Experiments carried out in a drainable fish pond with tagged and untagged perch showed that mortality could result immediately after tagging, especially if the temperature were high. Variations in the recapture rates for perch tagged and released into the lake on different days could also be ascribed to temperature differences between the days.

Even if the problem of mortality at the time of tagging had been overcome (possibly by strict attention to prevailing temperature conditions), other difficulties would arise in interpreting perch tagging data. The perch are caught in the spawning season, and the trap- entering behaviour is different for males and females, and different from year to year. In 1943/44 and 1948/50 the sex of tagged perch was not recorded. In 1953 it was recorded whenever possible; in the early weeks of the spawning season almost all the fish could be readily sexed, but later when most of the fish were spent the sex could not be ascertained externally, so estimates were made from the sex ratios of other samples of perch which were killed. However, also in this experiment mortality of tagged fish was high and no satisfactory population estimates were made.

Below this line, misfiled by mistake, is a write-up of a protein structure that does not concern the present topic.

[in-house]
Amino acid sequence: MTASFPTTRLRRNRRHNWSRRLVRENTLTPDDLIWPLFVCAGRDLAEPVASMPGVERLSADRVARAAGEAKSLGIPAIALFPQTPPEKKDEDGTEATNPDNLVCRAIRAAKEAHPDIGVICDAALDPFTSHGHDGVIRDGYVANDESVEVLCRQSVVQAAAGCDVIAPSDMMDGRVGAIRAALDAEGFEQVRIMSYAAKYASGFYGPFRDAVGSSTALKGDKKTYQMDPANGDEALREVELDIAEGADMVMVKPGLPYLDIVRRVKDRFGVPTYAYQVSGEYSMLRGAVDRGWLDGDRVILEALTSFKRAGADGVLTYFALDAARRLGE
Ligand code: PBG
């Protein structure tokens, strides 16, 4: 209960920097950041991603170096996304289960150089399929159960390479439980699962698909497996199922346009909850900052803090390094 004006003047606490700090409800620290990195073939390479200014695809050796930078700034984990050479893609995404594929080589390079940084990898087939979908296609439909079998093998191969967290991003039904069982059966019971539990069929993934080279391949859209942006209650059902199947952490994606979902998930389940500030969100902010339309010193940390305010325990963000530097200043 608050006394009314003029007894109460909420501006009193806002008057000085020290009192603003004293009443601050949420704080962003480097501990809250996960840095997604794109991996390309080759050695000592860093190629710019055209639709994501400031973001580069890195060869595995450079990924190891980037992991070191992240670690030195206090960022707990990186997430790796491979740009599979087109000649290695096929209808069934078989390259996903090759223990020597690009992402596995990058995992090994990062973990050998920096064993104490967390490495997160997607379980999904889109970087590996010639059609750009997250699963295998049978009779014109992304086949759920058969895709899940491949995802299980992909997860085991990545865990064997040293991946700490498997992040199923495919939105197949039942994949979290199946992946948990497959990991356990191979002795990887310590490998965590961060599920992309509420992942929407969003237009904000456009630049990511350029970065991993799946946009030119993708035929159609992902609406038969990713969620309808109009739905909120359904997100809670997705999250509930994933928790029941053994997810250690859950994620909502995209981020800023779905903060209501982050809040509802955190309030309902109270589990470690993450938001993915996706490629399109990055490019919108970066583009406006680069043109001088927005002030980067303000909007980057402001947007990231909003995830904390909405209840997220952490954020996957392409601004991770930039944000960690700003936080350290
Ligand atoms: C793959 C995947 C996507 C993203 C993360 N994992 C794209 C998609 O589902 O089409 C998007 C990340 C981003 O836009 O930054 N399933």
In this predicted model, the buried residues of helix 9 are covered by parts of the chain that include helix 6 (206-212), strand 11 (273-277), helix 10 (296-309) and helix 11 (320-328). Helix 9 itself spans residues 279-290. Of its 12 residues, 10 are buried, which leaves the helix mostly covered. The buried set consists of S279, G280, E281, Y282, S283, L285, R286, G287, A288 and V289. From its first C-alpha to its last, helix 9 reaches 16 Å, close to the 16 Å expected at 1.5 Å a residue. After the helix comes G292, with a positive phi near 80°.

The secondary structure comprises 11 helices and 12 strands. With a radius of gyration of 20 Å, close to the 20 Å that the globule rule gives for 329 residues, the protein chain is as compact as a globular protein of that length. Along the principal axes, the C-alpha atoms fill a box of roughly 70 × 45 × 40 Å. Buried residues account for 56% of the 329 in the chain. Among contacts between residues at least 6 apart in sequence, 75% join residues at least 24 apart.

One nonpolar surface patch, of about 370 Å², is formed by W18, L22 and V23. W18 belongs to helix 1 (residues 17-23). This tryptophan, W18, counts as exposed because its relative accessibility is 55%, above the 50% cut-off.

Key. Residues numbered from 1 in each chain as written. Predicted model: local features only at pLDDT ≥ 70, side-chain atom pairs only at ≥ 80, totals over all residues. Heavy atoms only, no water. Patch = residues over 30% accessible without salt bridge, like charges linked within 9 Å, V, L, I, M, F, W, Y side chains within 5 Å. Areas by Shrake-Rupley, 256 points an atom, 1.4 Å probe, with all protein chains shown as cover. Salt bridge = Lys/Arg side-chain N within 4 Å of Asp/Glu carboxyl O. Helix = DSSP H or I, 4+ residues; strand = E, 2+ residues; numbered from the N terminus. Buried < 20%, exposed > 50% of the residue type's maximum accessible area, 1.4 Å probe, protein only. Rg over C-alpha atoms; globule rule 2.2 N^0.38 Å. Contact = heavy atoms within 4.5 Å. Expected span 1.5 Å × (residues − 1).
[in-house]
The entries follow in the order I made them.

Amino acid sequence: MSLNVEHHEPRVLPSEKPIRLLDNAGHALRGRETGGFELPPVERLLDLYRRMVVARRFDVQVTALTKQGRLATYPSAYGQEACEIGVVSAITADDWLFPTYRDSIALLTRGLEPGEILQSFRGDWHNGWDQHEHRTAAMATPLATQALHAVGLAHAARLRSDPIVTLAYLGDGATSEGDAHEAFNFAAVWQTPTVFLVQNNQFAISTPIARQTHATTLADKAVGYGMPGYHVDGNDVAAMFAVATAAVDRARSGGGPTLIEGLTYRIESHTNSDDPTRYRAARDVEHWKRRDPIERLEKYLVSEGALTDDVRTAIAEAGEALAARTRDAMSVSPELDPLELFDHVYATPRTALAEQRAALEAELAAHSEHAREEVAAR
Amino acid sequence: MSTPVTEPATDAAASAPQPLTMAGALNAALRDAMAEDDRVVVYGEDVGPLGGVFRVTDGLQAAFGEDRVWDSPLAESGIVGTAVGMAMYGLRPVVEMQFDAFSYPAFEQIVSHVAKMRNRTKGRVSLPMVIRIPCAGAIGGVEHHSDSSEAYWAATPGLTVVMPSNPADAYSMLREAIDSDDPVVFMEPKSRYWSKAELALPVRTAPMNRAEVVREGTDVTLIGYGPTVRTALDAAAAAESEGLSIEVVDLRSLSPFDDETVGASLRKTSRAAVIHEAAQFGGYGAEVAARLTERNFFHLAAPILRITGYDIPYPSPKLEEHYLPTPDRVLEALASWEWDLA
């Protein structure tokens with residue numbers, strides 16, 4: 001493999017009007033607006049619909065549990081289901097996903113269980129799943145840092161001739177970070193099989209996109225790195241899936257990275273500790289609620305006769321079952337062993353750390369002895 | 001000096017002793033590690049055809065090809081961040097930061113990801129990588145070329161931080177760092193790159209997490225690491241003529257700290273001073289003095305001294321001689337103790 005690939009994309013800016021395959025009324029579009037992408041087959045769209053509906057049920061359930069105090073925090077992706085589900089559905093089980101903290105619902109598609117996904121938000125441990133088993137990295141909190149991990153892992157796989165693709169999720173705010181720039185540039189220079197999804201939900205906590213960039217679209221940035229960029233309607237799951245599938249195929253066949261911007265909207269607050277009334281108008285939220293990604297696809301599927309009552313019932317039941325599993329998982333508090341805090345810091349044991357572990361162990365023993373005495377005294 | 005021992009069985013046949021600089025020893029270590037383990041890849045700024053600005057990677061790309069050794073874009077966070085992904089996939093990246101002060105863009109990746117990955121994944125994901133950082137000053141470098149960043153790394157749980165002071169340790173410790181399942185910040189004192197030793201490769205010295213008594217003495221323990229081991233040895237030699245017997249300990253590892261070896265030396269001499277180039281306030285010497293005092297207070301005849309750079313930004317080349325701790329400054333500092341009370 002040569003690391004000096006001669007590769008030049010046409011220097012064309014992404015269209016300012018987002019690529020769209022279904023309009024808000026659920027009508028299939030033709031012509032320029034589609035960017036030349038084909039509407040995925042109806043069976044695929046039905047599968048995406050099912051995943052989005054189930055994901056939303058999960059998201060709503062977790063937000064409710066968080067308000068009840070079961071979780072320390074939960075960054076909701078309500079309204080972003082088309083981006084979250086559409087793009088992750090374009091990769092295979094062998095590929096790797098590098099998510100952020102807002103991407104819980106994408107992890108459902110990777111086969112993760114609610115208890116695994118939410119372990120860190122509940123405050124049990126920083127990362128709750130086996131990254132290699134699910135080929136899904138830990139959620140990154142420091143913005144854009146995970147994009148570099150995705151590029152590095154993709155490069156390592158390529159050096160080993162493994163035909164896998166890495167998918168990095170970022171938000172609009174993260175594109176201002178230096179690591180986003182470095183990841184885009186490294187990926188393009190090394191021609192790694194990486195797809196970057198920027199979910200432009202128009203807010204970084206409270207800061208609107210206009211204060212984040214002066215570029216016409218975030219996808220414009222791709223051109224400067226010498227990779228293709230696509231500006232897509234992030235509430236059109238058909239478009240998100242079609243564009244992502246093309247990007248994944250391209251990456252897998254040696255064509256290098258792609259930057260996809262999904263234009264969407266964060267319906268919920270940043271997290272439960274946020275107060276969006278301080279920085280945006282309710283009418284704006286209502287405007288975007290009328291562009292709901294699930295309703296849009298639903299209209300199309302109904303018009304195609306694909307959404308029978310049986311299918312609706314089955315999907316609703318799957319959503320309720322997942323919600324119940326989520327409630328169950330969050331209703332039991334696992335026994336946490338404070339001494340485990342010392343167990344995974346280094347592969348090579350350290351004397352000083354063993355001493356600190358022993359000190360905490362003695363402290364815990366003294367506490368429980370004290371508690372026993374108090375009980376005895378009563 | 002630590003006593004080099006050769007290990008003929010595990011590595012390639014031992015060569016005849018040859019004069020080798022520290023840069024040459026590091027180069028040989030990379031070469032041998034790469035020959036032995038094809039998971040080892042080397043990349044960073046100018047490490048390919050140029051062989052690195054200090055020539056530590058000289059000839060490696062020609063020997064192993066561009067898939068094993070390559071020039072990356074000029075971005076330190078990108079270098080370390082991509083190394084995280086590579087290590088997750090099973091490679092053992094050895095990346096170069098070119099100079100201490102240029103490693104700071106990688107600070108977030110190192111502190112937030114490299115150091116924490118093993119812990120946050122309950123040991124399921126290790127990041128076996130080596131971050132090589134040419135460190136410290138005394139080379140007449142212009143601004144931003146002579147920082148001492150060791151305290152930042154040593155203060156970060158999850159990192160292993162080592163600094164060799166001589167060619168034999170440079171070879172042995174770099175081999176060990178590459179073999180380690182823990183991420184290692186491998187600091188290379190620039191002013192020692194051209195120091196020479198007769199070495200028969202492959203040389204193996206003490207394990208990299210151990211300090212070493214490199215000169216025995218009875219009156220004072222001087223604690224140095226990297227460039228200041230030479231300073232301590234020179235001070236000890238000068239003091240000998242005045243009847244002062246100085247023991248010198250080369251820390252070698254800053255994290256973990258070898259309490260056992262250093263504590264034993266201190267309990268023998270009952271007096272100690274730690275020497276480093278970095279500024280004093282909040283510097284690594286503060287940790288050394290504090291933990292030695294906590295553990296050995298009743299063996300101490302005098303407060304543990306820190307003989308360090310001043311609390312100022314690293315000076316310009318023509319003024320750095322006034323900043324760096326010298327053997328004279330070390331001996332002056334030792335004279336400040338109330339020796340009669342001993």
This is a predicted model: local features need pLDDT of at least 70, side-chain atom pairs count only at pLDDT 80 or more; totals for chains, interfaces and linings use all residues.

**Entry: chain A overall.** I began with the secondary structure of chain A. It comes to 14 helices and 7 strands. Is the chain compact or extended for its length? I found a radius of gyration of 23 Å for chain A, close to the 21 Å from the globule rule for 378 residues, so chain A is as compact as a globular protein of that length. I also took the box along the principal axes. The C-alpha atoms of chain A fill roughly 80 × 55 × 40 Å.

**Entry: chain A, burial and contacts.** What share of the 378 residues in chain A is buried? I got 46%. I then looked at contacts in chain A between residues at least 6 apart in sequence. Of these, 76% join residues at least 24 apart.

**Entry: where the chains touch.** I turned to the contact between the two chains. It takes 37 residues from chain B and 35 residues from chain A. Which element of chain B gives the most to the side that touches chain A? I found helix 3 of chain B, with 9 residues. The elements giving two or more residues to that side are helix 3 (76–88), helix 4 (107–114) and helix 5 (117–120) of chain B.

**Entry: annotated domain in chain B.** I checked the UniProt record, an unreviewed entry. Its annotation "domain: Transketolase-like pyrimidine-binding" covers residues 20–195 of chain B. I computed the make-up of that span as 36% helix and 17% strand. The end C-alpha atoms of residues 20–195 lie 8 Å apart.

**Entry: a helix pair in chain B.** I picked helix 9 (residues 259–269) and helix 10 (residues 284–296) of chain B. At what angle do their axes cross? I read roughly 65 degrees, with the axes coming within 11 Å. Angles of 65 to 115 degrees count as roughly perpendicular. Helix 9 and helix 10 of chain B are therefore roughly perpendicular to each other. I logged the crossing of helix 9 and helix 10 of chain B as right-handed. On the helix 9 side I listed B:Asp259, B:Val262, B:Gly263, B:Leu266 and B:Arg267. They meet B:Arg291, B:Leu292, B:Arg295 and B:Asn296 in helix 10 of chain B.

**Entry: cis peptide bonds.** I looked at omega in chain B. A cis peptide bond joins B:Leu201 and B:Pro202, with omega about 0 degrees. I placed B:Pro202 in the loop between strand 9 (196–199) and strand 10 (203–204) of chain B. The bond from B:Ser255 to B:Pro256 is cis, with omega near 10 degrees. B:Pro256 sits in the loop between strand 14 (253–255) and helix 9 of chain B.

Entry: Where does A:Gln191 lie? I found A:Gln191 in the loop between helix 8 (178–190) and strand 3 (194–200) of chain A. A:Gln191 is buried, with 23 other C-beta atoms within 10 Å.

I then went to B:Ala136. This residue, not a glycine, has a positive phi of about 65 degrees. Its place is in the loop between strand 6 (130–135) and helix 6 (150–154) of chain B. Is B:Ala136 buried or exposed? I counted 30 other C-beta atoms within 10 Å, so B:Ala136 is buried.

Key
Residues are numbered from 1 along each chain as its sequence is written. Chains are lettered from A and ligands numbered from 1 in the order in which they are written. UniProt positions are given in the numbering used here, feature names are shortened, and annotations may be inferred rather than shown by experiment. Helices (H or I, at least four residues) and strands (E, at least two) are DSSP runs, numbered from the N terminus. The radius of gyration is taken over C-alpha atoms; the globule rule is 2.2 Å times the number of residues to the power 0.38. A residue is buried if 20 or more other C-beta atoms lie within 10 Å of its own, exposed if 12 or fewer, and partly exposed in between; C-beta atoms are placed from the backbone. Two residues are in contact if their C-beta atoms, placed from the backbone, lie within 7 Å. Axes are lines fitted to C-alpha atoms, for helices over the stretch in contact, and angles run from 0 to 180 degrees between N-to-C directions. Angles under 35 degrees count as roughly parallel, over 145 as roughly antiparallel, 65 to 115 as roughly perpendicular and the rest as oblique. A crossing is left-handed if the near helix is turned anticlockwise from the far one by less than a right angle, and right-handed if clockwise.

Tag-recapture methods have provided satisfactory information on population numbers of char and pike, but not perch. The information on char was limited to certain spawning grounds which were accessible and could conveniently be netted. The information on pike was limited by gillnet selection to female pike aged three years and over and male pike aged four years and over, but in some years the youngest ages were not completely vulnerable to the nets and so erroneous results were obtained from the tag-recapture method. However, estimates of numbers of pike in selected sections of the population were very satisfactory. The main reasons that no satisfactory estimates could be made of the population numbers of perch were the unknown mortality caused by the tagging operation, and the need to treat each sex separately owing to their very different and variable vulnerability to the traps that were used to recapture them.